Getting Ideas: Emperor Joshua Norton

For me, ideas tend to spray off of things I see or hear, like sparks shooting off when you hit flint and steel together. I was happy to discover recently that author Christopher Moore works the same way — at least sometimes.

Writers hone their craft by reading. Recently, I stumbled across the existence of Joshua Norton, self-proclaimed emperor of San Francisco. This legendary figure walked the streets of his city from 1859 to 1880. During his reign, he issued public proclamations that ranged from a demand for Sacramento to clean its streets to the dissolution of the US Congress.

Local businesses allowed him to eat for free, and he had complementary use of the city’s mass transit. Citizens would even buy his 50-cent imperial treasury bonds. His dogs, Bummer and Lazarus, were exempted from city leash laws. At times, enthusiastic new police officers or dog-catchers would arrest a member of the trio — to citywide outrage. When he died, donations sent him off in style with a procession that extended over two miles.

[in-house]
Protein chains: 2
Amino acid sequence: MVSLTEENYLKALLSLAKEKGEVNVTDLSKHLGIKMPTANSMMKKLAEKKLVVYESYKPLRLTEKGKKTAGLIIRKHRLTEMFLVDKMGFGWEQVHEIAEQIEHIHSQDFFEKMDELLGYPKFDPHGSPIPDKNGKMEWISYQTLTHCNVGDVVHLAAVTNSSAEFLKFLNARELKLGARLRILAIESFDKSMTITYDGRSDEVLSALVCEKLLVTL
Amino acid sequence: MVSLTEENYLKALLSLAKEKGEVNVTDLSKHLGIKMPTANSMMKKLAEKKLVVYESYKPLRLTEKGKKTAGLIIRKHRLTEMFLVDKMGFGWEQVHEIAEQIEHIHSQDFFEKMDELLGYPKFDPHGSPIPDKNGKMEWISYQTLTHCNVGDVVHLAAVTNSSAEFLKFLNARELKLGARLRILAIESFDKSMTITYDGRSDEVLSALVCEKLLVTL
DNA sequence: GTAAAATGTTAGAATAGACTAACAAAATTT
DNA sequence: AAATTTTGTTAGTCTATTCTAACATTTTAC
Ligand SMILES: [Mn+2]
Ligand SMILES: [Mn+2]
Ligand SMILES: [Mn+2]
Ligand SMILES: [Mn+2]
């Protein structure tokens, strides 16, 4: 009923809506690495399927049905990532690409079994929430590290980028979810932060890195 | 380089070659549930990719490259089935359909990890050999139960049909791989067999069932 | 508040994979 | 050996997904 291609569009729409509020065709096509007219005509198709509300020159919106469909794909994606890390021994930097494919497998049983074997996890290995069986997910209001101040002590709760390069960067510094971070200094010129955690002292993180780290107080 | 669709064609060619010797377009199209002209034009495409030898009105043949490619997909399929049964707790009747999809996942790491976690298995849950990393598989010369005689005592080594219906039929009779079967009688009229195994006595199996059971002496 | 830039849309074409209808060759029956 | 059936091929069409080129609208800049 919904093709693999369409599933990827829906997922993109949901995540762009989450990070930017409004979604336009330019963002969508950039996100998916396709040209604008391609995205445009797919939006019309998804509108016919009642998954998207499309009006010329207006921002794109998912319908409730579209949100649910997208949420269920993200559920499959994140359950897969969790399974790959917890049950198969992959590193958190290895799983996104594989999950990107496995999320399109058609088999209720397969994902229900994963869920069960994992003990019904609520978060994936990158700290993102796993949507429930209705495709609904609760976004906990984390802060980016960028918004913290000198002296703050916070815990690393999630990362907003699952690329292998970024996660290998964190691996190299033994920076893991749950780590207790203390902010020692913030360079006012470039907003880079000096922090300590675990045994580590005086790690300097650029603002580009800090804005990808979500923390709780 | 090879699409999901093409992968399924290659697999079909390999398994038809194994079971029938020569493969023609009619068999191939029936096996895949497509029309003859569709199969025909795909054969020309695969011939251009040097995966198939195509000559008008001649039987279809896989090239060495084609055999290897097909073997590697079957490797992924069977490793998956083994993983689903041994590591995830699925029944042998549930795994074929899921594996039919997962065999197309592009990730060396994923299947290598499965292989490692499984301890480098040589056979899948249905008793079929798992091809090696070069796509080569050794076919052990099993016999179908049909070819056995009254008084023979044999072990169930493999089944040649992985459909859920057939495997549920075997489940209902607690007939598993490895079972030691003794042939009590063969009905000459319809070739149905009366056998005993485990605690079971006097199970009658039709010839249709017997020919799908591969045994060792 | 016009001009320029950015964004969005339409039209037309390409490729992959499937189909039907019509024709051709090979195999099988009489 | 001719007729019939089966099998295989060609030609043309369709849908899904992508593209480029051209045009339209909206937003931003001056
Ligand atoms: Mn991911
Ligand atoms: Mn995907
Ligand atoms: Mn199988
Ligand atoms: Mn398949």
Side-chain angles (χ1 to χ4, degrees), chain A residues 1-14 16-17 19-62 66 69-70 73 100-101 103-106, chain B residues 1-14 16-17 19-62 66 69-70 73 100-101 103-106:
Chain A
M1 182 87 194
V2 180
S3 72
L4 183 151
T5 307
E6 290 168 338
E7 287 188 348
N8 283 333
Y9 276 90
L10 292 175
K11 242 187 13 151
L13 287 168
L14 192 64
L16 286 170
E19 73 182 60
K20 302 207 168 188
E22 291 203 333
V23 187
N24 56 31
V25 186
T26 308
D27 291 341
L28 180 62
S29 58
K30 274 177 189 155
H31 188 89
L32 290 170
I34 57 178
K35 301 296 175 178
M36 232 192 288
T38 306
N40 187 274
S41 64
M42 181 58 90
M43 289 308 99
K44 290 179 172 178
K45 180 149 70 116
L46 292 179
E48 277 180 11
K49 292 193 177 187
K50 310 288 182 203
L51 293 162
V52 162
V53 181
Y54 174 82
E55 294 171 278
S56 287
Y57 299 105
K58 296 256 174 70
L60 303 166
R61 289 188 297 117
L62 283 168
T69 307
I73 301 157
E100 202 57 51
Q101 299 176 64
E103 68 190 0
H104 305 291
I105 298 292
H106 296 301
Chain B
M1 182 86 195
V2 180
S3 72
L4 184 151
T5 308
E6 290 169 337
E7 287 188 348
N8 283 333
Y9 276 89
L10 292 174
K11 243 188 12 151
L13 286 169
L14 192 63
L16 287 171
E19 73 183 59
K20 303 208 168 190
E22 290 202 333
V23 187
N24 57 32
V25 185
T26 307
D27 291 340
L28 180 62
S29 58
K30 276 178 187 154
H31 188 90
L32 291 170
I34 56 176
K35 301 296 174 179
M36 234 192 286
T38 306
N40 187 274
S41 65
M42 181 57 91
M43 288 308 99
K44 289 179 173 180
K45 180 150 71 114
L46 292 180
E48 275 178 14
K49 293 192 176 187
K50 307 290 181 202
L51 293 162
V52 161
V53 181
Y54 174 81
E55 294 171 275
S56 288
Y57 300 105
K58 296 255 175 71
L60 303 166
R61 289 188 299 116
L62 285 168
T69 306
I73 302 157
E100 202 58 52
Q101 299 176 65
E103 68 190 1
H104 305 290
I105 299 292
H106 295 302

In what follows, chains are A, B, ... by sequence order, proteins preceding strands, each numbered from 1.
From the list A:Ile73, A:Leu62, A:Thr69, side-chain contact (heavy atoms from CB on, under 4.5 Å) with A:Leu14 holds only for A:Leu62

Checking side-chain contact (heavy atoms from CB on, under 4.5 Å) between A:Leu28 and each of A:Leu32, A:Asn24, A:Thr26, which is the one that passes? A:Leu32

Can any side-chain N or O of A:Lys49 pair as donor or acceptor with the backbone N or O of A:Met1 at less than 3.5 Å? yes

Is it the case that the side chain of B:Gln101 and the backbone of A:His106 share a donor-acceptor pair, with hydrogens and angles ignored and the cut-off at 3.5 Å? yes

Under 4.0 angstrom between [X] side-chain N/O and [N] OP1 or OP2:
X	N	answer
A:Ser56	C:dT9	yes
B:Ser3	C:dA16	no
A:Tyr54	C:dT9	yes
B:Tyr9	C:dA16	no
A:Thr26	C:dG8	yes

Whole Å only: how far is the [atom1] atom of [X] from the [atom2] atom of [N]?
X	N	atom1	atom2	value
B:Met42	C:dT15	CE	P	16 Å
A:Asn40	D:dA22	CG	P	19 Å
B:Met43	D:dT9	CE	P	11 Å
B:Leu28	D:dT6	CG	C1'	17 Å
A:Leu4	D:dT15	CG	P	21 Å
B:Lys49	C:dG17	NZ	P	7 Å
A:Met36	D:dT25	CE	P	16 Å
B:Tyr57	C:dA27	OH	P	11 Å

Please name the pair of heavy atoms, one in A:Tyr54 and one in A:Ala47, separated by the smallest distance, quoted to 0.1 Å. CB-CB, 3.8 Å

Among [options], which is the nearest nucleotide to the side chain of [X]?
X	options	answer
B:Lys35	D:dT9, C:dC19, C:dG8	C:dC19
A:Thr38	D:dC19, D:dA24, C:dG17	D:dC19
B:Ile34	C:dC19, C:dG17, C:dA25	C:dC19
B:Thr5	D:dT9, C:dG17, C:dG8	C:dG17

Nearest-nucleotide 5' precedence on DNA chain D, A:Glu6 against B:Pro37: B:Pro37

The Emperor, Bummer and Lazarus are recurring characters in Moore’s San Francisco vampire trilogy: Bloodsucking Fiends, You Suck and Bite Me. Maybe I’m the only person for whom this is new information, but there it is.

Ideas are everywhere. It’s just a matter of feeding them when they scratch at the door.

You can find out more about Emperor Norton I of the United States of America at the San Francisco History Encyclopedia page in his honor. Stuff You Missed in History Class has a great podcast on him as well.

As a final note, another author wrote Bummer’s obituary. A (then) little-known journalist by the name of Sam Clemens.

Thanks for listening.